The Court of Appeals for the Second Circuit ruled in Google's favor. The rationale for that decision was that the Court didn't consider the excerpted matterial a meaningful alternative to having the full book. Therefore, in the Court's view, the excerpts didn't infringe the authors' copyrights on the works as a whole.
According to an article in the Washington Post, the Guild isn't trying to shut down Google's practice of scanning books but, rather, have Google pay for the right to do so.
A man is suing the Metropolitan Museum of Art and the City of New York over artistic depictions of Jesus that represent Christianity's most revered personage as a fair skinned blond.
According to the lawsuit filed in a New York court by plaintiff Justin Renel Joseph, such depictions on display in the museum are "anti-Semitic, racist and offensive." The complaint maintains that Jesus, a man of Hebrew descent living in the Middle East at that time, "would not be genetically disposed to possess such features."
Citing the First Amendment and the Civil Rights Act of 1964, Mr. Joseph is asking the court to order that the artworks be removed from public display.
Nothing stirs up controversy like the prospect of a lucrative copyright coming to an end. In this case, I'm talking about the book, The Diary of Anne Frank.
The classic work is a Jewish teenage girl's recounting of the days when she and her family tried to evade from the Nazis by hiding in a secret annex of an Amsterdam factory. The family was eventually captured, and only Anne's father, Otto Frank, survived. He brought the diary to light for the world by having it published.
The copyright in Europe was set to expire as of January 1, 2016. However, according to a New York Times story, the Swiss foundation that currently holds the copyright is contending that Otto Frank was actually a co-author of the book, which would push the copyright expiration date in Europe to 70 years after his death in 1980.
This raises at least two issues: First, if Otto Frank was a co-author, then does that call into question previous assertions that the diary was in Anne's own words? Does that constitute a form of fraud on the buying public? (Just asking.) And, second, what does this new claim on the duration of the book's copyright do to those who've been planning various republications next year of what they had thought was about to become a public domain work?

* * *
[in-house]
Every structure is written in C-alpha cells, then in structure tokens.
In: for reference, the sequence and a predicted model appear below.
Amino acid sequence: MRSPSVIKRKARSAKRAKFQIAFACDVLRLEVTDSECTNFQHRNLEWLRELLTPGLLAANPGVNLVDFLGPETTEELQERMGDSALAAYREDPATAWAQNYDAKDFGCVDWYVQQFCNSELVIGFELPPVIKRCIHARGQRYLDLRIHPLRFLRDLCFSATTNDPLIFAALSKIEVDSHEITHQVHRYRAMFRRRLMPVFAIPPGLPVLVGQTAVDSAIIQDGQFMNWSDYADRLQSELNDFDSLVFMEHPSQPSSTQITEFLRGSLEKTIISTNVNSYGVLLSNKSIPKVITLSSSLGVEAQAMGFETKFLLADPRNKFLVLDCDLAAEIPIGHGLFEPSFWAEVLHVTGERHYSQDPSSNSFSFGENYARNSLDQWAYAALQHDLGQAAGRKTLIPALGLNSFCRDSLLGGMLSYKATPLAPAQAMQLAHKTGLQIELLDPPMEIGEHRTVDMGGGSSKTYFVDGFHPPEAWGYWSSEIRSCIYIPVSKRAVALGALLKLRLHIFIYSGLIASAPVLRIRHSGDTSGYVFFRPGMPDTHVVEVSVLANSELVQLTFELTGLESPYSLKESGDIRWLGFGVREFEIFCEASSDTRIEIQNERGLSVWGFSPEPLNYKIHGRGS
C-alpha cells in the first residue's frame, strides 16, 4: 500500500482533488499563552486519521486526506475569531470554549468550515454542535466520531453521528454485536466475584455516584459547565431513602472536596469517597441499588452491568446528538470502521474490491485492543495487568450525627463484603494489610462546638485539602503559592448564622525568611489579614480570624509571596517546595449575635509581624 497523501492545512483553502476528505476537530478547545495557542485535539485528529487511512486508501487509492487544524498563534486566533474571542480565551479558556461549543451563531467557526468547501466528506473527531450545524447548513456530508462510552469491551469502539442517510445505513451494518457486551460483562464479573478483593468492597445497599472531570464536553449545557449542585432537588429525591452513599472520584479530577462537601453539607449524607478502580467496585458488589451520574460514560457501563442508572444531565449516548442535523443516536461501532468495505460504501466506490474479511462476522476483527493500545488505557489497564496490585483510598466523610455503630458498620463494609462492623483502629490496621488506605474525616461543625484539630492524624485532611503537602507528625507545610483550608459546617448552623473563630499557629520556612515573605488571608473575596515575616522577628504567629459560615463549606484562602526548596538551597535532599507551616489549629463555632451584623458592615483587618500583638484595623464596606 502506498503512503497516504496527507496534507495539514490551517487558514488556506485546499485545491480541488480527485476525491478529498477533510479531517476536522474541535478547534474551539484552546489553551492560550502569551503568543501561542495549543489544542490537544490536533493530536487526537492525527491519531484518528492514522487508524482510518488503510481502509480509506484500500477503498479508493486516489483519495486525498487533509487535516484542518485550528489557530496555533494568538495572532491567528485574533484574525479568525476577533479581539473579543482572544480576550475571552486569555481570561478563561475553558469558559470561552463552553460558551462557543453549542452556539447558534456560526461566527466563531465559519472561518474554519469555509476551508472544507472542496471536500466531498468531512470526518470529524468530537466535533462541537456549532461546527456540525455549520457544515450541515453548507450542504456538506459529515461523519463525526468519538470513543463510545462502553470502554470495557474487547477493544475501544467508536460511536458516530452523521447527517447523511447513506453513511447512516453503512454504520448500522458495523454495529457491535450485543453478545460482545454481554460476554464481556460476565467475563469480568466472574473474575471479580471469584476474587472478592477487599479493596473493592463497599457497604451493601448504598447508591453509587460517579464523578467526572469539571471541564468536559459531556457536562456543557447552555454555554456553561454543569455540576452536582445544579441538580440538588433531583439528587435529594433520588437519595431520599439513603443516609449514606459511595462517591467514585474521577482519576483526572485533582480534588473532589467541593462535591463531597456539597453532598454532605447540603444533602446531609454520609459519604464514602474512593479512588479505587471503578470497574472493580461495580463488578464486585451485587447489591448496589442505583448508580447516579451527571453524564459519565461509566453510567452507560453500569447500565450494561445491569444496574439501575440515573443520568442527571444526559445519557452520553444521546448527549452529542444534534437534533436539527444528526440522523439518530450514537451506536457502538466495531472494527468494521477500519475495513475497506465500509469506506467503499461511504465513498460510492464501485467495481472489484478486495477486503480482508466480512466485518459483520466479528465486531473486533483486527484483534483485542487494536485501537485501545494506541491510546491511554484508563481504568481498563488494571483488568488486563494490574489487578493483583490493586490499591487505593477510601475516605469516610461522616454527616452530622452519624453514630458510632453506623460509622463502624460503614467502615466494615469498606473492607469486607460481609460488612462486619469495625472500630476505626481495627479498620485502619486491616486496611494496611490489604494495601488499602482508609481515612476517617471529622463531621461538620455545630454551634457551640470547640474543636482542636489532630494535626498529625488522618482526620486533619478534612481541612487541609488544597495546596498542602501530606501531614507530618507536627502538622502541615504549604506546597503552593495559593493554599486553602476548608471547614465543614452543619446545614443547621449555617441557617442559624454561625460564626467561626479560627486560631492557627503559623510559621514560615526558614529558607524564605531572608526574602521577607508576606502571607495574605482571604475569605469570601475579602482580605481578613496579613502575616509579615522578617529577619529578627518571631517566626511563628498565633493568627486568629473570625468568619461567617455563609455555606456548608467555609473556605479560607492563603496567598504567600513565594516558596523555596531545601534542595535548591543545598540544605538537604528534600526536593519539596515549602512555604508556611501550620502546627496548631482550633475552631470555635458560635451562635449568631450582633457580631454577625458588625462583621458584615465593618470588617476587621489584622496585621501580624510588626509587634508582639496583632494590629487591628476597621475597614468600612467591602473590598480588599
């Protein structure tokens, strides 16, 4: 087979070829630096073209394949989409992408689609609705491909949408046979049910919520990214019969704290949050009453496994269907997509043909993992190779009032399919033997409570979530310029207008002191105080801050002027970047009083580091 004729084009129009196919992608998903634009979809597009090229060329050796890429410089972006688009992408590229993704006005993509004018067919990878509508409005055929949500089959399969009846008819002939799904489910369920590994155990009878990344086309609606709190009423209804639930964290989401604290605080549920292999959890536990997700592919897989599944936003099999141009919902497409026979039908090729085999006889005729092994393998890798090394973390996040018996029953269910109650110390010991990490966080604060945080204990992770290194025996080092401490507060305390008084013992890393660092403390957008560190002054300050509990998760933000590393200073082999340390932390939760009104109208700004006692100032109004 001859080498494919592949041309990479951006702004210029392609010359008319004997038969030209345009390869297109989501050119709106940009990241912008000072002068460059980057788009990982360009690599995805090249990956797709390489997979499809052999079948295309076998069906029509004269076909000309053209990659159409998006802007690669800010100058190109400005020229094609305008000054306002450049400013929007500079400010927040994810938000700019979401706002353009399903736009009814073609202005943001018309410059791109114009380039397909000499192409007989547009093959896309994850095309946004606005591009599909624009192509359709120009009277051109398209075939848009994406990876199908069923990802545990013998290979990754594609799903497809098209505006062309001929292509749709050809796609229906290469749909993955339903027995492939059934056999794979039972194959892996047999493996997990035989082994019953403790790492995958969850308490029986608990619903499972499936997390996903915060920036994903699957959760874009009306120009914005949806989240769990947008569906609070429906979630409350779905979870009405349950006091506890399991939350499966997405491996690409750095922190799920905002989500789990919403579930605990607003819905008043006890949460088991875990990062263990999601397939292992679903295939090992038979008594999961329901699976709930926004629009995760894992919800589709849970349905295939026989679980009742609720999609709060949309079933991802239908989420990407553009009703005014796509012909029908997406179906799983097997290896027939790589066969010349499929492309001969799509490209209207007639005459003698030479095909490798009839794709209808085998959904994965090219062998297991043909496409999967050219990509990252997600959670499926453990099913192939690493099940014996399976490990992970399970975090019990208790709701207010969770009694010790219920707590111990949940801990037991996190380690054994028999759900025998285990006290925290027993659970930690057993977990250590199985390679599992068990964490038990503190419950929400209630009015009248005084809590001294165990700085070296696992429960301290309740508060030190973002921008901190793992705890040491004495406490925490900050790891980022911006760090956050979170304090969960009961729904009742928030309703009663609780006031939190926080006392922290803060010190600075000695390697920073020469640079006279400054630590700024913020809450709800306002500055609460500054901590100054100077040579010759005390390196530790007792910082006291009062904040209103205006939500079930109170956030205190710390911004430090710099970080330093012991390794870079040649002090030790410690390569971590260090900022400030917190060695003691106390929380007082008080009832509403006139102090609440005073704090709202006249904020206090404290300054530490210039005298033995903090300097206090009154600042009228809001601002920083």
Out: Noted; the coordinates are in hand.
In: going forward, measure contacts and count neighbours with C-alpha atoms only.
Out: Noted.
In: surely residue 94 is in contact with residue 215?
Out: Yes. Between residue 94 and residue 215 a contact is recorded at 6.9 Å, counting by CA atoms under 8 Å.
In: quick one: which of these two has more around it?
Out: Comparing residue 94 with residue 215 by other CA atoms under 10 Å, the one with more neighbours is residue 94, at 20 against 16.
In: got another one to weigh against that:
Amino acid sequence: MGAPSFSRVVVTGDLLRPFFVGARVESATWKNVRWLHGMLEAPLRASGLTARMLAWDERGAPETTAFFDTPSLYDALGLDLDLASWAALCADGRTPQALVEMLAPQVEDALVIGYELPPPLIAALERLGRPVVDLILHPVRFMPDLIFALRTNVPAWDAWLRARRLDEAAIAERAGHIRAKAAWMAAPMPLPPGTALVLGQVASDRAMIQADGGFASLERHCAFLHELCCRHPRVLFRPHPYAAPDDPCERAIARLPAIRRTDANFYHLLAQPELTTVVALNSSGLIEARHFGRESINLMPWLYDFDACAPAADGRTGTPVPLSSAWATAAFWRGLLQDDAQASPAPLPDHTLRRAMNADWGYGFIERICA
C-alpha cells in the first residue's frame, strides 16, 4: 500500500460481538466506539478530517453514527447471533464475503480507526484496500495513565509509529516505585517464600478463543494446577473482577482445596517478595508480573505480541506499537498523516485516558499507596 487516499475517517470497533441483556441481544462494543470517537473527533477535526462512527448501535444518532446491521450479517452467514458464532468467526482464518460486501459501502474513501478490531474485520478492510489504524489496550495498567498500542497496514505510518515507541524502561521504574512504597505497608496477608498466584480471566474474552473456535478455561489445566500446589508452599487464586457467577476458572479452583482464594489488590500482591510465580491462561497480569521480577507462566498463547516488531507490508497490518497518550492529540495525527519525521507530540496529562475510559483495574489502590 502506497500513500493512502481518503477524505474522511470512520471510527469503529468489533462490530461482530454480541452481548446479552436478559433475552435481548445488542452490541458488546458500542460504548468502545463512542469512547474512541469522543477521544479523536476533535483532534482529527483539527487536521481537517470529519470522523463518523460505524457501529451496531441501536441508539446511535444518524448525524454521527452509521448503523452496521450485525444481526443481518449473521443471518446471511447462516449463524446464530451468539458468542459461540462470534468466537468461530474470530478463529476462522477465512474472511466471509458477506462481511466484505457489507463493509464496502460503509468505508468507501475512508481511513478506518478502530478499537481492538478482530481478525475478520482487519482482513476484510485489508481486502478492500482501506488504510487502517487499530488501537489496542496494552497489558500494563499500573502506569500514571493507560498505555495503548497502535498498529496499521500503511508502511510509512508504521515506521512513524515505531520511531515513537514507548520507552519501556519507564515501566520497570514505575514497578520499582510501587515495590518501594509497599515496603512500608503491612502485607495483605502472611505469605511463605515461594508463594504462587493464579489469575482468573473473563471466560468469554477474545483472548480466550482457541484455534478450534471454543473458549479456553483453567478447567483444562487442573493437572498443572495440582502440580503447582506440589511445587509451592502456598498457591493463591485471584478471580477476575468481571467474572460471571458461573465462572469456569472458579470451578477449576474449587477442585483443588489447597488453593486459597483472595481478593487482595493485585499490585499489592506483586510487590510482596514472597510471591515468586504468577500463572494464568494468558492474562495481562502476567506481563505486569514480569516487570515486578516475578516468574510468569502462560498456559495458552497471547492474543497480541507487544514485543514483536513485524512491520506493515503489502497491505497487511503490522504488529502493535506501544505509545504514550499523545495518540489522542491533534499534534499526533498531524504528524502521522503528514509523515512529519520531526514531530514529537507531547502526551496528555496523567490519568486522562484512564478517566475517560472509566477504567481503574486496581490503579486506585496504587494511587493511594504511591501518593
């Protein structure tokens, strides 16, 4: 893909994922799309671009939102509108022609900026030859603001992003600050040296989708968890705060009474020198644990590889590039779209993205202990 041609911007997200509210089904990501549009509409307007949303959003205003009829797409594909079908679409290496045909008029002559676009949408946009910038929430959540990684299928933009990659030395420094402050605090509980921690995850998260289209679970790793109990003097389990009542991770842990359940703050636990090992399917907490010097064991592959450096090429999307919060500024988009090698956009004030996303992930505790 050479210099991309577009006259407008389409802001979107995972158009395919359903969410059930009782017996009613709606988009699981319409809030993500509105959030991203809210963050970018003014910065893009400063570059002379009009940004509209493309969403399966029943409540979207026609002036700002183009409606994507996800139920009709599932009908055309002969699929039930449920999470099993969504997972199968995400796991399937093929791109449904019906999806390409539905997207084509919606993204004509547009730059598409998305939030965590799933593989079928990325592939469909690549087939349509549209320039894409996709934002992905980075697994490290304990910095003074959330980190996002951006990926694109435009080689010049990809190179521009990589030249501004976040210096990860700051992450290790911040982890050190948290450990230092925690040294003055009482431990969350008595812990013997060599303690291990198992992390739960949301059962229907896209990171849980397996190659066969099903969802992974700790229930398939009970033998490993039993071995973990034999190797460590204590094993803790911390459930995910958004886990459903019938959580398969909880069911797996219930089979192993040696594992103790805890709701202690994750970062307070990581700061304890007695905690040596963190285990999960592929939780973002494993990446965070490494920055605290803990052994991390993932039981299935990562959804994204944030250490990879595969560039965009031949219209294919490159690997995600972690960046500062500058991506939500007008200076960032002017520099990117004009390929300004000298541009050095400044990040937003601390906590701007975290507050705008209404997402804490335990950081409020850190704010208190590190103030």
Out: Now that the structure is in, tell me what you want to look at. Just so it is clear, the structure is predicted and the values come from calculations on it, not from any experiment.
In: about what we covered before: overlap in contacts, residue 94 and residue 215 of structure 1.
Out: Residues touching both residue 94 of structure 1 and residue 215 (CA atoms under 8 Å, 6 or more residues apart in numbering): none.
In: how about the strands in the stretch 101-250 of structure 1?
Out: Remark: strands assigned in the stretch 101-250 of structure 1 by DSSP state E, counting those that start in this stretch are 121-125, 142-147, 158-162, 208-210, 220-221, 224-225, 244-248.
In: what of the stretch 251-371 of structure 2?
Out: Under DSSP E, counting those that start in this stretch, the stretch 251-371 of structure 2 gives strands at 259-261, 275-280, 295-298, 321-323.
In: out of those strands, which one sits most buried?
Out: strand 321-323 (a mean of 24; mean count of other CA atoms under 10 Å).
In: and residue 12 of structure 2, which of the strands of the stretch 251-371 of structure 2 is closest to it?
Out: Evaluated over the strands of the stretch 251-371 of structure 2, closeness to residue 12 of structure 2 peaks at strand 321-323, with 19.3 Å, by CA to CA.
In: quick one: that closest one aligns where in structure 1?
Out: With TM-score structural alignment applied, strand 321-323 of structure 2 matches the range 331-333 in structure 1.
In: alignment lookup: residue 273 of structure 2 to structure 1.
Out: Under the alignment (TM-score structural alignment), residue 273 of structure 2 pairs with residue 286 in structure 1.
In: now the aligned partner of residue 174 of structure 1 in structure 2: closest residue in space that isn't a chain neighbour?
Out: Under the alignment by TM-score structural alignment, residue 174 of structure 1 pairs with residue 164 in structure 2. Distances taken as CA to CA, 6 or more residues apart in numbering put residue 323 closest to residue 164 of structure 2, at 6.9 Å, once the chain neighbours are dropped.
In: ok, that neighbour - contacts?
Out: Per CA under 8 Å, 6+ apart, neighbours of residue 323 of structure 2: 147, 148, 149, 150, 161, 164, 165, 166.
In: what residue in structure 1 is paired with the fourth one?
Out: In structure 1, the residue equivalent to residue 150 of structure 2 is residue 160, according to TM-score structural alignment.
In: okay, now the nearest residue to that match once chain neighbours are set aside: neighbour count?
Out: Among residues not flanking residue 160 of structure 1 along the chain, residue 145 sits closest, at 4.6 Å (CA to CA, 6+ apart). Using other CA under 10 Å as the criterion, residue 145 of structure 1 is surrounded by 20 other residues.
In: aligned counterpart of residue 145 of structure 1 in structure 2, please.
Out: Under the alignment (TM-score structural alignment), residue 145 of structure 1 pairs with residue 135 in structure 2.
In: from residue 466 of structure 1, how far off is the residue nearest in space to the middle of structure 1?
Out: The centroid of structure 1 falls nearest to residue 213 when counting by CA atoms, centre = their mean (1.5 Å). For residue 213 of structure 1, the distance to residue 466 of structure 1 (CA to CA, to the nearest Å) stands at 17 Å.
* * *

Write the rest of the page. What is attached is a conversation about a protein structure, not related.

If history is any indication, claims of copyright protection that go beyond what was originally thought to be the expiration date typically wind up in court. I wouldn't be the least surprised to see this one there.
If you've been following the legal battle involving the Authors Guild and various other literary plaintiffs versus Google, the victory -- at least so far -- goes to the search engine giant.
The case involved Google's practice of scanning a huge number of copyright protected books that populate public libraries for the purpose of providing a digital copy to both the library and the Google online archives. The Google archives are then searchable by keyword, and "snippets" (a.k.a. excerpts) of the book are made available to read online. Authors claimed it constituted copyright infringement. Google claimed fair use.
In its recent ruling, the U.S. Court of Appeals for the Second Circuit held that, although the digital copies constituted derivative works of the originals (and the creation of derivatives is the sole right of the copyright holder), the digitalized snippets are a transformative use in that they provide information about the book without providing the whole book.